Workaholism is a severe concern that is facing the business world today. Whether it’s the manager that spends lunch every day in their cube, the intern that stays up until 2:00 am balancing work and school, or the employee that is somehow always both first to arrive and last to leave, there are a few workaholics in every office environment.
What is a Workaholic?
A workaholic can be described as someone who prioritizes work to the extreme. This could be seen as taking work home repeatedly or even bringing work on vacations. This mindset can also lead to anxiety, depression, or sleeping disorders.
It is essential to understand the difference between a workaholic and a regular employee. Workaholics have an obsessive mindset when it comes to their job. They are constantly pushing themselves and working long hours, sometimes to the point of inflicting physical pain upon themselves. Usually, regular employees do not push themselves this harshly. It is important to remember that enjoying your job or being invested in a project does not automatically prove you suffer from workaholism.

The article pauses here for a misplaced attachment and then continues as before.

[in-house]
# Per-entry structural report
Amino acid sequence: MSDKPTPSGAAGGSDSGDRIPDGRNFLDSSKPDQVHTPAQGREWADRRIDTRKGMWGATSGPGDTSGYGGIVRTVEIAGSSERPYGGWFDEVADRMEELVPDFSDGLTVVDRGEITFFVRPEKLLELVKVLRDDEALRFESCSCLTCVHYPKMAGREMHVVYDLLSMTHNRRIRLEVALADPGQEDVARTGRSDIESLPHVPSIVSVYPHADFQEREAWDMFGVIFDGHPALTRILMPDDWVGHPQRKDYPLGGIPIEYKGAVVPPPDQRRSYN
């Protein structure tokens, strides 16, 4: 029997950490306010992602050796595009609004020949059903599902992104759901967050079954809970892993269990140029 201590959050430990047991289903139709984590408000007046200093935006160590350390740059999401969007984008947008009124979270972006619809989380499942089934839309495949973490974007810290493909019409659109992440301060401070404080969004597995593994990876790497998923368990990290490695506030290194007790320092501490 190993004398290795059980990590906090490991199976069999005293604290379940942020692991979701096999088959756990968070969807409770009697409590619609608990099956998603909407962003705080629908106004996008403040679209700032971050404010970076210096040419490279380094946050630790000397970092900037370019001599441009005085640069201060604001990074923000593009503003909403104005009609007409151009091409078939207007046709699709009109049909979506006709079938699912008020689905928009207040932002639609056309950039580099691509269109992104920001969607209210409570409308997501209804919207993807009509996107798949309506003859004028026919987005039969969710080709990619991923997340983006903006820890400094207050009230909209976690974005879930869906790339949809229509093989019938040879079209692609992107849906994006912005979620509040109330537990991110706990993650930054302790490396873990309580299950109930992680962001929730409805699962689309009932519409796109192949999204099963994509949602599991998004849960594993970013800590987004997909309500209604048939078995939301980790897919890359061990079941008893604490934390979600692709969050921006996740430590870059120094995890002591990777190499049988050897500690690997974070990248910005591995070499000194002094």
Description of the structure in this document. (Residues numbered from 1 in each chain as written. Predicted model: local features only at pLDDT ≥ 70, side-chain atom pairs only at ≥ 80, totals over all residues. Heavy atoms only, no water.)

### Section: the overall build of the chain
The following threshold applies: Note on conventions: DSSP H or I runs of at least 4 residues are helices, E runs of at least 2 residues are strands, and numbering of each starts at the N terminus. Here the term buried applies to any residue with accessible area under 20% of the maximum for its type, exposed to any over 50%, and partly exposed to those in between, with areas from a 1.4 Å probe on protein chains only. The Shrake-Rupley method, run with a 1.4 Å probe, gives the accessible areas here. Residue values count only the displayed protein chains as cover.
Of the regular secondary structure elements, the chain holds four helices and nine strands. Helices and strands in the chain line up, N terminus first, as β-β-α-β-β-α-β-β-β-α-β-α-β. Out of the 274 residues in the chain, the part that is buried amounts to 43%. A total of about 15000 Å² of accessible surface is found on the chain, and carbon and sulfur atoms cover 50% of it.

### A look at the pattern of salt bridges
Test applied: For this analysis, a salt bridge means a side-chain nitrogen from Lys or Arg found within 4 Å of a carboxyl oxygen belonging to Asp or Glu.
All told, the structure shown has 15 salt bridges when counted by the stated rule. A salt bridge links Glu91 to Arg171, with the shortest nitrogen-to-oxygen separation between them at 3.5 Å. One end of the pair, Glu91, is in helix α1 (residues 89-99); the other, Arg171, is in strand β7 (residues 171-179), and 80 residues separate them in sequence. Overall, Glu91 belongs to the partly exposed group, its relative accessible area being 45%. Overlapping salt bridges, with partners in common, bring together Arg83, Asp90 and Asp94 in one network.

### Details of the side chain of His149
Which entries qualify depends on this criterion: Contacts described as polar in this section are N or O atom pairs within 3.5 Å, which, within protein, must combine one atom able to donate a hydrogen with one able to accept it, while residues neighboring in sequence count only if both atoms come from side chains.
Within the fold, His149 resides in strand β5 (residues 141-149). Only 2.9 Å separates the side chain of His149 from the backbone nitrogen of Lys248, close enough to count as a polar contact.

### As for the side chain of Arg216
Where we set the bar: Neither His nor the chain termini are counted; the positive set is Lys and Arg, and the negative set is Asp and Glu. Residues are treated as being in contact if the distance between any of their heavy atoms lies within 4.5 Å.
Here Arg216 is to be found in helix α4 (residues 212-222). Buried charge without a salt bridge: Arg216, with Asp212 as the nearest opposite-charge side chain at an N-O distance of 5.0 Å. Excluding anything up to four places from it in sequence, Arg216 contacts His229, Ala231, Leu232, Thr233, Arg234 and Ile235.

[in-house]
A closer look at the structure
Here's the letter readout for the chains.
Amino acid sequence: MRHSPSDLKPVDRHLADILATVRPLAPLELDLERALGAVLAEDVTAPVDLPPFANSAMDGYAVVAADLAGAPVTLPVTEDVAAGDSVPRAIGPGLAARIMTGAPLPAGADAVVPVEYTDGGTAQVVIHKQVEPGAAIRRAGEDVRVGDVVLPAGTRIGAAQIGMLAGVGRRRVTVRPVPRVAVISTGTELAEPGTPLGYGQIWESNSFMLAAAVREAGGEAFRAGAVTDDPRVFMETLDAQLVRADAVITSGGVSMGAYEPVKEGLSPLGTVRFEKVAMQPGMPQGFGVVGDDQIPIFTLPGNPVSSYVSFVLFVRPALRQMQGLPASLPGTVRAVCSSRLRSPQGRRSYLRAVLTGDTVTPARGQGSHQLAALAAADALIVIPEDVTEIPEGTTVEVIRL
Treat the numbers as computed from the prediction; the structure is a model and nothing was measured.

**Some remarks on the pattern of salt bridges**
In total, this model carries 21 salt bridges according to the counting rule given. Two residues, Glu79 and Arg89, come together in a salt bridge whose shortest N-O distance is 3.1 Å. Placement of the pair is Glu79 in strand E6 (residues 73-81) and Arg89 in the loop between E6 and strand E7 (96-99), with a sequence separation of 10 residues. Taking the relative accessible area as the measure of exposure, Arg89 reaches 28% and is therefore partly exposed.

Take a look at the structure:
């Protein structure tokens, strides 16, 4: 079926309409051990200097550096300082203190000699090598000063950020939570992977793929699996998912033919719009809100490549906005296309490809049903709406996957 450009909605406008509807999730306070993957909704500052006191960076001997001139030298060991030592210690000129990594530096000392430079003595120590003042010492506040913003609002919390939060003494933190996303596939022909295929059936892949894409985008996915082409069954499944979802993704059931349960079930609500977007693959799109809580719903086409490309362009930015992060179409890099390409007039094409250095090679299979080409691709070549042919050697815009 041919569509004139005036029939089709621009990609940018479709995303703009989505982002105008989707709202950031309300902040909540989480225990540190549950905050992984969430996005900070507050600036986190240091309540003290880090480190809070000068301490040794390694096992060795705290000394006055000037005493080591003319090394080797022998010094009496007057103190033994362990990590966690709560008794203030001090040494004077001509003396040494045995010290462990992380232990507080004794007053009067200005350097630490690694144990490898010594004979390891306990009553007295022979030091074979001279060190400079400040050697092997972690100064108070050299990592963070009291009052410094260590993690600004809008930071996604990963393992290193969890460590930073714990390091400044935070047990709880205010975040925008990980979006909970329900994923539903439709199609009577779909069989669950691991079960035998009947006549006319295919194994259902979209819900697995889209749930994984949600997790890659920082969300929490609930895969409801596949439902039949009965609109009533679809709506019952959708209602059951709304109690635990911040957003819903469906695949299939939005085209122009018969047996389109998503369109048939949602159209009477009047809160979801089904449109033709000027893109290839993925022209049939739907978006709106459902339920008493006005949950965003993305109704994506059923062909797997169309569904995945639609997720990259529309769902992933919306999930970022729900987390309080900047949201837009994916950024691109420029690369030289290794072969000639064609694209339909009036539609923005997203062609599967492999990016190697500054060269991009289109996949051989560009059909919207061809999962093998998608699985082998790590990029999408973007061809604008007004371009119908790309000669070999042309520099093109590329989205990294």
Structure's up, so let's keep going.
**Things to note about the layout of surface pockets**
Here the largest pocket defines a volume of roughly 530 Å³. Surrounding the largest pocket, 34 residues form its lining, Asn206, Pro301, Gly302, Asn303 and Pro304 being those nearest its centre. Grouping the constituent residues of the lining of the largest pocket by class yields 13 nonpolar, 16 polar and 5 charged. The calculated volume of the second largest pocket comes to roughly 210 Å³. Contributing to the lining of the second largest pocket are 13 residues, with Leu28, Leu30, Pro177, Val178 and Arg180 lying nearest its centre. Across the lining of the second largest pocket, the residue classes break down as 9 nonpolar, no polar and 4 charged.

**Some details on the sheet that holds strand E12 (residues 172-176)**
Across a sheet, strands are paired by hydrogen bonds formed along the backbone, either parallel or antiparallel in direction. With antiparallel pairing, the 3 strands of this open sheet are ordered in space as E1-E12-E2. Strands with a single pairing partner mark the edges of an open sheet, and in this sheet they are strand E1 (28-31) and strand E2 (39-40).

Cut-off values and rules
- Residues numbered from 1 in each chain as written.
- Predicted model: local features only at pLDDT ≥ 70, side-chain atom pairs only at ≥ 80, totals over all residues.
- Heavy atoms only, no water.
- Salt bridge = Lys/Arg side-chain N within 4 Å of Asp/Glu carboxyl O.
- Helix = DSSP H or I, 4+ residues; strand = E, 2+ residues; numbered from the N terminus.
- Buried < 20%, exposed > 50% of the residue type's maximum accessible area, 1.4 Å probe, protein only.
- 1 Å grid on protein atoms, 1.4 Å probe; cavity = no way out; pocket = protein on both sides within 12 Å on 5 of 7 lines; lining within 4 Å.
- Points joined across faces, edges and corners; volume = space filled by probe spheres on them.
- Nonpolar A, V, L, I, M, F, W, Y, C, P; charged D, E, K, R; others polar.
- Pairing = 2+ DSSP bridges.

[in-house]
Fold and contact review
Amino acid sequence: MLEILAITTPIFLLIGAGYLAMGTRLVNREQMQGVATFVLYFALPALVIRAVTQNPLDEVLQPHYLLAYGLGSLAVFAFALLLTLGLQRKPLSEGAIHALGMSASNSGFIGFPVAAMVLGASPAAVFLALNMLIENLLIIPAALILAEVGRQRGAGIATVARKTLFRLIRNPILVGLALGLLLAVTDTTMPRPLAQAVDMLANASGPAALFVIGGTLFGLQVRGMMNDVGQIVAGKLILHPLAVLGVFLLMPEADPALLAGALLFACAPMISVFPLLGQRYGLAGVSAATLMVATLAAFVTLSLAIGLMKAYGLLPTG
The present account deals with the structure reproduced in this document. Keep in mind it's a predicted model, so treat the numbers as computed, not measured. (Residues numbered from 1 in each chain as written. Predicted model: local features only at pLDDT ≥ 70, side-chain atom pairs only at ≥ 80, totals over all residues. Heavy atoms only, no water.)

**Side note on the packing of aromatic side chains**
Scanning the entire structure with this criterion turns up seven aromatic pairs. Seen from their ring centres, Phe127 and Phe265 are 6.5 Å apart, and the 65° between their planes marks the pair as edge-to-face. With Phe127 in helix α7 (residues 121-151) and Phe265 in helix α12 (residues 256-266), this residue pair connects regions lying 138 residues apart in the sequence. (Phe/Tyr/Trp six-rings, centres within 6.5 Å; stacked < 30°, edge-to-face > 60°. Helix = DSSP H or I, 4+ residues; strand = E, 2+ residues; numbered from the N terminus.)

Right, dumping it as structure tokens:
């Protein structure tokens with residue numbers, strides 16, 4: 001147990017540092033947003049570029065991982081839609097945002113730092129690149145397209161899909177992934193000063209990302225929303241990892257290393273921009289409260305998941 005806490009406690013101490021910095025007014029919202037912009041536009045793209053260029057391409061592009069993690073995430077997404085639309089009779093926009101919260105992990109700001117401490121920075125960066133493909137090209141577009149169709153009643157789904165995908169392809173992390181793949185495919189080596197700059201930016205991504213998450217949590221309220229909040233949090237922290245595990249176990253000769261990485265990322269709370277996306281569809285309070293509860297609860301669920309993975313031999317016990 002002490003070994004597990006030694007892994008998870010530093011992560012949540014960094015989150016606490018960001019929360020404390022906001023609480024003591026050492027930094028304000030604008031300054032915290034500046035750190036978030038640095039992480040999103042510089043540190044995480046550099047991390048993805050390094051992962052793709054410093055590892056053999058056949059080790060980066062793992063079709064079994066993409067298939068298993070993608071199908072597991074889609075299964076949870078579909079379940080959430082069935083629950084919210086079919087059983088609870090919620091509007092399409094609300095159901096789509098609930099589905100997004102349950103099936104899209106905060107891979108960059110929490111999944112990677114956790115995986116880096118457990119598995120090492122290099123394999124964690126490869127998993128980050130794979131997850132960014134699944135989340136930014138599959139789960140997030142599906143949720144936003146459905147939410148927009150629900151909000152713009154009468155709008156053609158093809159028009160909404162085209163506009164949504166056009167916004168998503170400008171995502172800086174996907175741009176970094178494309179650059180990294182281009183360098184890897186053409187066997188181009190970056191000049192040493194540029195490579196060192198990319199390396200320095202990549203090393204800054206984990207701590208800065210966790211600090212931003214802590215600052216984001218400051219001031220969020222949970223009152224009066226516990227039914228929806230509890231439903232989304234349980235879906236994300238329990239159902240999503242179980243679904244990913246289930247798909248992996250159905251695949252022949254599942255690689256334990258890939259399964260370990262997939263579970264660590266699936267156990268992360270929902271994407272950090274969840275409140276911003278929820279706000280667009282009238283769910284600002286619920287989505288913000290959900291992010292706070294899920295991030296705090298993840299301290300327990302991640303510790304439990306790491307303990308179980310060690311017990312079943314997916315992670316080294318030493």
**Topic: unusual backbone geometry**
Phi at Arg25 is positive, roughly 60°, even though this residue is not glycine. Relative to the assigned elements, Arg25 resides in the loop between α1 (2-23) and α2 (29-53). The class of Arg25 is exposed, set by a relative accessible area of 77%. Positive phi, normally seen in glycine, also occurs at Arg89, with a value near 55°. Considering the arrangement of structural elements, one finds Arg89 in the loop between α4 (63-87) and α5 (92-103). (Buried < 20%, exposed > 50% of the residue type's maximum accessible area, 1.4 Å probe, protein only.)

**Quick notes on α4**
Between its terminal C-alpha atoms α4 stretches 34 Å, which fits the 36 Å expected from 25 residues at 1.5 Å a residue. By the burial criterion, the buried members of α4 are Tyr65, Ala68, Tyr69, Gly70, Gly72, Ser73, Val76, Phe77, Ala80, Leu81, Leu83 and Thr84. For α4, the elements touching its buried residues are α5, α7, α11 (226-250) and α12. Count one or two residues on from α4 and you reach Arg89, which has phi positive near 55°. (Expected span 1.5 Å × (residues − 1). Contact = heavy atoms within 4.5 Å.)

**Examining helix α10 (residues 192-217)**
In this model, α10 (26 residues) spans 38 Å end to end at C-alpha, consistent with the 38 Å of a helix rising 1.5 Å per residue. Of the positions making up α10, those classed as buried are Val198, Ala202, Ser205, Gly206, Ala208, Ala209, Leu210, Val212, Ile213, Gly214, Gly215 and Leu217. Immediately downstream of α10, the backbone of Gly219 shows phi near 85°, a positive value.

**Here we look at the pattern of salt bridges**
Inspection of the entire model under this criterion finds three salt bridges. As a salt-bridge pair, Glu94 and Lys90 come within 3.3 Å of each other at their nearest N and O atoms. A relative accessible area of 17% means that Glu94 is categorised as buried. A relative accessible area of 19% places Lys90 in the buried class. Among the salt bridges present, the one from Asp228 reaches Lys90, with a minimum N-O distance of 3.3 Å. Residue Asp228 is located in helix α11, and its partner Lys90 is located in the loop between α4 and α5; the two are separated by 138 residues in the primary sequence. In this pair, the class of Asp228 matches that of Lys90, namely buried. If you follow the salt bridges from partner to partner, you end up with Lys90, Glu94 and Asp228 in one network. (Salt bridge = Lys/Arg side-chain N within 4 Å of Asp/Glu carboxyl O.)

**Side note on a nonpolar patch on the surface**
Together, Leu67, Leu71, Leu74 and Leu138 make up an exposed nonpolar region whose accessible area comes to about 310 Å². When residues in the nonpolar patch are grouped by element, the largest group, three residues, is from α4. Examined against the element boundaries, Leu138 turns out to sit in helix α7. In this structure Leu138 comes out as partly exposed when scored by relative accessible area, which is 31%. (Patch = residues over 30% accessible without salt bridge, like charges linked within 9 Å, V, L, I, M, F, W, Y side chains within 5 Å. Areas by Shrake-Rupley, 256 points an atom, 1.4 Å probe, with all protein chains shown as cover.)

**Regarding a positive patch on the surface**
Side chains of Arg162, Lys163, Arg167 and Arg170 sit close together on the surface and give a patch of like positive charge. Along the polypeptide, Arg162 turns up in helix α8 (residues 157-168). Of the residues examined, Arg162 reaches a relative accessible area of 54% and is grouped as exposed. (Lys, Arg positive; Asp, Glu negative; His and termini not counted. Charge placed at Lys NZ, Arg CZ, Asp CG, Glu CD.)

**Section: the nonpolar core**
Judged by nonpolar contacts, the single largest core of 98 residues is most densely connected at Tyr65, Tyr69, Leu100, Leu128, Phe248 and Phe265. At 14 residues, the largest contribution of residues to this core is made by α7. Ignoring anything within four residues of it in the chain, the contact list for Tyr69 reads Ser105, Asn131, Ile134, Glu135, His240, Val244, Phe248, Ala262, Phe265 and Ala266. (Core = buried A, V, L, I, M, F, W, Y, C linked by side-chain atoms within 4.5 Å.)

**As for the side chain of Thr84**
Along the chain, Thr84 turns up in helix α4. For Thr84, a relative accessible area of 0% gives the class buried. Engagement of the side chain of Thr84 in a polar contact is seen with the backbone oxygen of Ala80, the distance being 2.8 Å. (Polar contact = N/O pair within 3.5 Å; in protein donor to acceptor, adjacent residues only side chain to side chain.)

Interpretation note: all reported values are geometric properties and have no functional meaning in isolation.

If you are interested in taking a quiz to see if you are a workaholic, click here.
What are the Risks of Workaholism?
Workaholism can have severe effects on a person’s health. Unfortunately, being perpetually overworked is so normalized today that most people don’t recognize the signs of burnout. People who experience health problems like physical exhaustion, difficulty sleeping, or depression might be suffering from being overworked.
How Do I Make a Change?
Because overworking is admired in the business world, it is hard to know what you can do to change these habits. In order to break the addiction of overworking, it is essential to find the root of the problem. Are you using work to escape reality or to prove something to others?
Next, to break a work addiction, you need to set boundaries. Boundaries could be, turning your work phone off when you leave the office or turning off work email notifications. Some people who suffer from a work addiction might face problems while on the clock. Boundaries that could be set during work hours could be delegating tasks to other people or explaining to managers that you might not have time to complete a project.
Some people may not have the ability to refuse tasks in the office, so the last thing you can do to break a work addiction is to get support. If your manager isn’t working with you to help lighten your load, maybe it could be a good idea to talk to HR about the issues you are facing for those who prefer a less public approach to their addictions. There are groups like Workaholics Anonymous that can help you unplug from work.
Overall, employee health should be the focus when it comes to the business world. People get overwhelmed and busy, thankfully that doesn’t mean they are stuck there.